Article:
The Flume Formation exposed in Jasper National Park is a widespread sheet-like carbonate body, 100 to 250 ft thick, which served as a platform for the overlying 1200-ft thick, areally restricted Miette bank of the Cairn and Southesk formations.
Platform deposition began on a pre-Devonian erosional surface that had a topographic high beneath the present Miette bank. During marine transgression across this surface, a broad shelf lagoon formed in which shallow subtidal to supratidfal carbonates of the platform evolved. Shoaling conditions were maintained throughout platform evolution over this paleohigh by carbonate sedimentation buildup and perhaps gradual uplift. During relatively rapid inundation, most of the platform was covered with basinal carbonate mudstones of the Perdrix Formation; on only the shoalest parts of the platform were stromatoporoids able to survive. In essence, the overlying Miette bank represents localized continuation of platform growth.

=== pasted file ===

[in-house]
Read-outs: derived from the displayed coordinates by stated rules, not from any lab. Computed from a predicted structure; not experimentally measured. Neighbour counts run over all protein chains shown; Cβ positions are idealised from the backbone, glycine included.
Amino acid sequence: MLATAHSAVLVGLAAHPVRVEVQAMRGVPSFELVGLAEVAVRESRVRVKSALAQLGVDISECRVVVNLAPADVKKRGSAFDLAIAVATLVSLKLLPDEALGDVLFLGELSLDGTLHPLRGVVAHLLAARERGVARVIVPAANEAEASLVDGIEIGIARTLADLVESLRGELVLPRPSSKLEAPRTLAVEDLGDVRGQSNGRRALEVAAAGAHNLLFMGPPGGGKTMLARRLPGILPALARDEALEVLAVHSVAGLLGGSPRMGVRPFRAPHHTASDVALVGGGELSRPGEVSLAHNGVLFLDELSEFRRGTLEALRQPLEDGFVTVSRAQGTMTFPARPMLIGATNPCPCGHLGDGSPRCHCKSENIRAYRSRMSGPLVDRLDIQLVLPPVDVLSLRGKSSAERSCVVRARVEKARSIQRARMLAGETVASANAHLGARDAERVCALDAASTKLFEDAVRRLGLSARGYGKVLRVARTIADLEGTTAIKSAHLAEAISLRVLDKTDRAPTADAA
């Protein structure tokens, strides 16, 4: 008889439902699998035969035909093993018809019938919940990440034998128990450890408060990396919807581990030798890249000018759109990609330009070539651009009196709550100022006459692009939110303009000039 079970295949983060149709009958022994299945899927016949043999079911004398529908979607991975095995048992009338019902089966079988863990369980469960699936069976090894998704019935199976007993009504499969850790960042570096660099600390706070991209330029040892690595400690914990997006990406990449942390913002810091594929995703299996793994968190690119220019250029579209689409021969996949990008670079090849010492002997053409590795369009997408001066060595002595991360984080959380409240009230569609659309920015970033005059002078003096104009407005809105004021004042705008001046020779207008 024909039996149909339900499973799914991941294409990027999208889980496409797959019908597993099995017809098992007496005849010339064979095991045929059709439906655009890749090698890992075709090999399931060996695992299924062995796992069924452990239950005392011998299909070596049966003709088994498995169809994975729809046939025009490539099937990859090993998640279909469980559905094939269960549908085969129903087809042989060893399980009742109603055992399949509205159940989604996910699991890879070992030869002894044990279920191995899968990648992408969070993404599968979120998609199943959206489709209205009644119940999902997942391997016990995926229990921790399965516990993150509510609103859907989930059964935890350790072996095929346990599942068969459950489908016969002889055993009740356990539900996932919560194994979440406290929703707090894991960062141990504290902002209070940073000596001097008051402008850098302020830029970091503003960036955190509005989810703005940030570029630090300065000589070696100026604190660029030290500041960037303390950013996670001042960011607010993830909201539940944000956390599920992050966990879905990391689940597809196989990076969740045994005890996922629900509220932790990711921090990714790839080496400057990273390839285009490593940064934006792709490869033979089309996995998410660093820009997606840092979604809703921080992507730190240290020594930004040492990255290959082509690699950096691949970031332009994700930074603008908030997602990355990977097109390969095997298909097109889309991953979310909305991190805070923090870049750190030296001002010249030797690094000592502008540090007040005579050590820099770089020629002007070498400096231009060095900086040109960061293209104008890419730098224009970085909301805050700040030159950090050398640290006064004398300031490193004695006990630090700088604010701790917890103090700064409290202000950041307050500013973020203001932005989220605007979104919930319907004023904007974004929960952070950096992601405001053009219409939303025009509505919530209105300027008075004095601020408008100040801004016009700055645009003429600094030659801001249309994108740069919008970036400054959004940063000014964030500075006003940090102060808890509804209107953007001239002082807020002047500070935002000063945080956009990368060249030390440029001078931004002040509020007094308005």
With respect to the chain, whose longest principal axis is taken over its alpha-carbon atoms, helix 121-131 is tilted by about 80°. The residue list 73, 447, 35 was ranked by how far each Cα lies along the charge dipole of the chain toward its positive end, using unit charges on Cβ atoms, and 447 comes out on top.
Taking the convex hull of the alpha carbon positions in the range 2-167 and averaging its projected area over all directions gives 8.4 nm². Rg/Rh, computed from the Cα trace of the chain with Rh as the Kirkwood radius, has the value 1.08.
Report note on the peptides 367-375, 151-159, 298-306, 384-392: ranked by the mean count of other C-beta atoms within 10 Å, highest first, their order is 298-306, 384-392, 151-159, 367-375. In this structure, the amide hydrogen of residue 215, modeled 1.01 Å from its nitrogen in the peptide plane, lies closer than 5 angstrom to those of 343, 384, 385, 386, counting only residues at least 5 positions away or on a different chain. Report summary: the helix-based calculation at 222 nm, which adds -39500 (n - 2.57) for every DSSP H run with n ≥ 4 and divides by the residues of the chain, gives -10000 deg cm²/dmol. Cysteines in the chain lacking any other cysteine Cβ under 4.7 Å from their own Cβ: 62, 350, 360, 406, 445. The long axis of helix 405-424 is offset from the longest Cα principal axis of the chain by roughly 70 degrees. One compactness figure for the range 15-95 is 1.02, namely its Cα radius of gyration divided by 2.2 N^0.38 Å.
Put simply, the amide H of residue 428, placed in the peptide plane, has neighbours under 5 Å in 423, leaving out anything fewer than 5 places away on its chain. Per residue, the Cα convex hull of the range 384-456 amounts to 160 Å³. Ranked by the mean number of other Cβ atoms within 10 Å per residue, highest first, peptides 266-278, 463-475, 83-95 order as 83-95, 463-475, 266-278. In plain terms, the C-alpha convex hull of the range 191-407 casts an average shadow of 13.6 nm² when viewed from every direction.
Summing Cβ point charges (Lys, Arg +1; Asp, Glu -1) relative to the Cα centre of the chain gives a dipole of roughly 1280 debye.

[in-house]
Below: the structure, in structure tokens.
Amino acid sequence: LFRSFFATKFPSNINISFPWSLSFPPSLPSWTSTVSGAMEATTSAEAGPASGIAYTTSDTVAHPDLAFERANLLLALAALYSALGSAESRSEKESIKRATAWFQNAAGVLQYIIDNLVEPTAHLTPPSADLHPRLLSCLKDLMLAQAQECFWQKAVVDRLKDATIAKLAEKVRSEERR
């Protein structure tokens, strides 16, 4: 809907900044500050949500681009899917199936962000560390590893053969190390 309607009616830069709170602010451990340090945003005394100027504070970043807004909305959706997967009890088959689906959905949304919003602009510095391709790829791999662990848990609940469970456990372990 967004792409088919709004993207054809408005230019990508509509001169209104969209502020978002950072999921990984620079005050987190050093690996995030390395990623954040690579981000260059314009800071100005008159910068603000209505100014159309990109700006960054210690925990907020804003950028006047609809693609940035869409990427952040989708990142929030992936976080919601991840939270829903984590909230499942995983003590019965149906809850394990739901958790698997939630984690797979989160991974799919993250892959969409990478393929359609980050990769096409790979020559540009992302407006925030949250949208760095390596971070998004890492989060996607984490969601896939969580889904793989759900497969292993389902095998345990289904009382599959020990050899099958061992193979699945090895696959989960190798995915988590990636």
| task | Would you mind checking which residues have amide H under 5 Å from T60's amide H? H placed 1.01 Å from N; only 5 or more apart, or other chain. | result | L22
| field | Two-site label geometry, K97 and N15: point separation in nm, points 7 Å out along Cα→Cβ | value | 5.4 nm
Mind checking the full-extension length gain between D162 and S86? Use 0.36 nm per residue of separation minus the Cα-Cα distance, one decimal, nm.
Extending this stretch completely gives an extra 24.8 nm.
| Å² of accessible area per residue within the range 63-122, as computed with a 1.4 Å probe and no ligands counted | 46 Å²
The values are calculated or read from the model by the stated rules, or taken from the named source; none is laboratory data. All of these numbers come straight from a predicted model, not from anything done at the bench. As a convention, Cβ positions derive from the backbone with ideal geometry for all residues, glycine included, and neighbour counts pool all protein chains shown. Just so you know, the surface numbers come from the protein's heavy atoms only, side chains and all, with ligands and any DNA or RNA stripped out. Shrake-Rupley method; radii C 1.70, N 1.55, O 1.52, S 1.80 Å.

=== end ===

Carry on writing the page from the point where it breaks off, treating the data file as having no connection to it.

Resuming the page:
The following lateral facies changes occur in the platform in a bankward direction: 1) the lower platform member thins; 2) the upper platform member thickens; 3) in the upper platform member, tidal-flat and shallow subtidal deposits appear and thicken, and deeper subtidal deposits thin and disappear. These changes occur most rapidly within 1 to 5 mi from the bank.
Widespread carbonate units that served as platforms for overlying banks can be important both in determining bank proximity and in understanding relationships between platform genesis and bank inception and localization.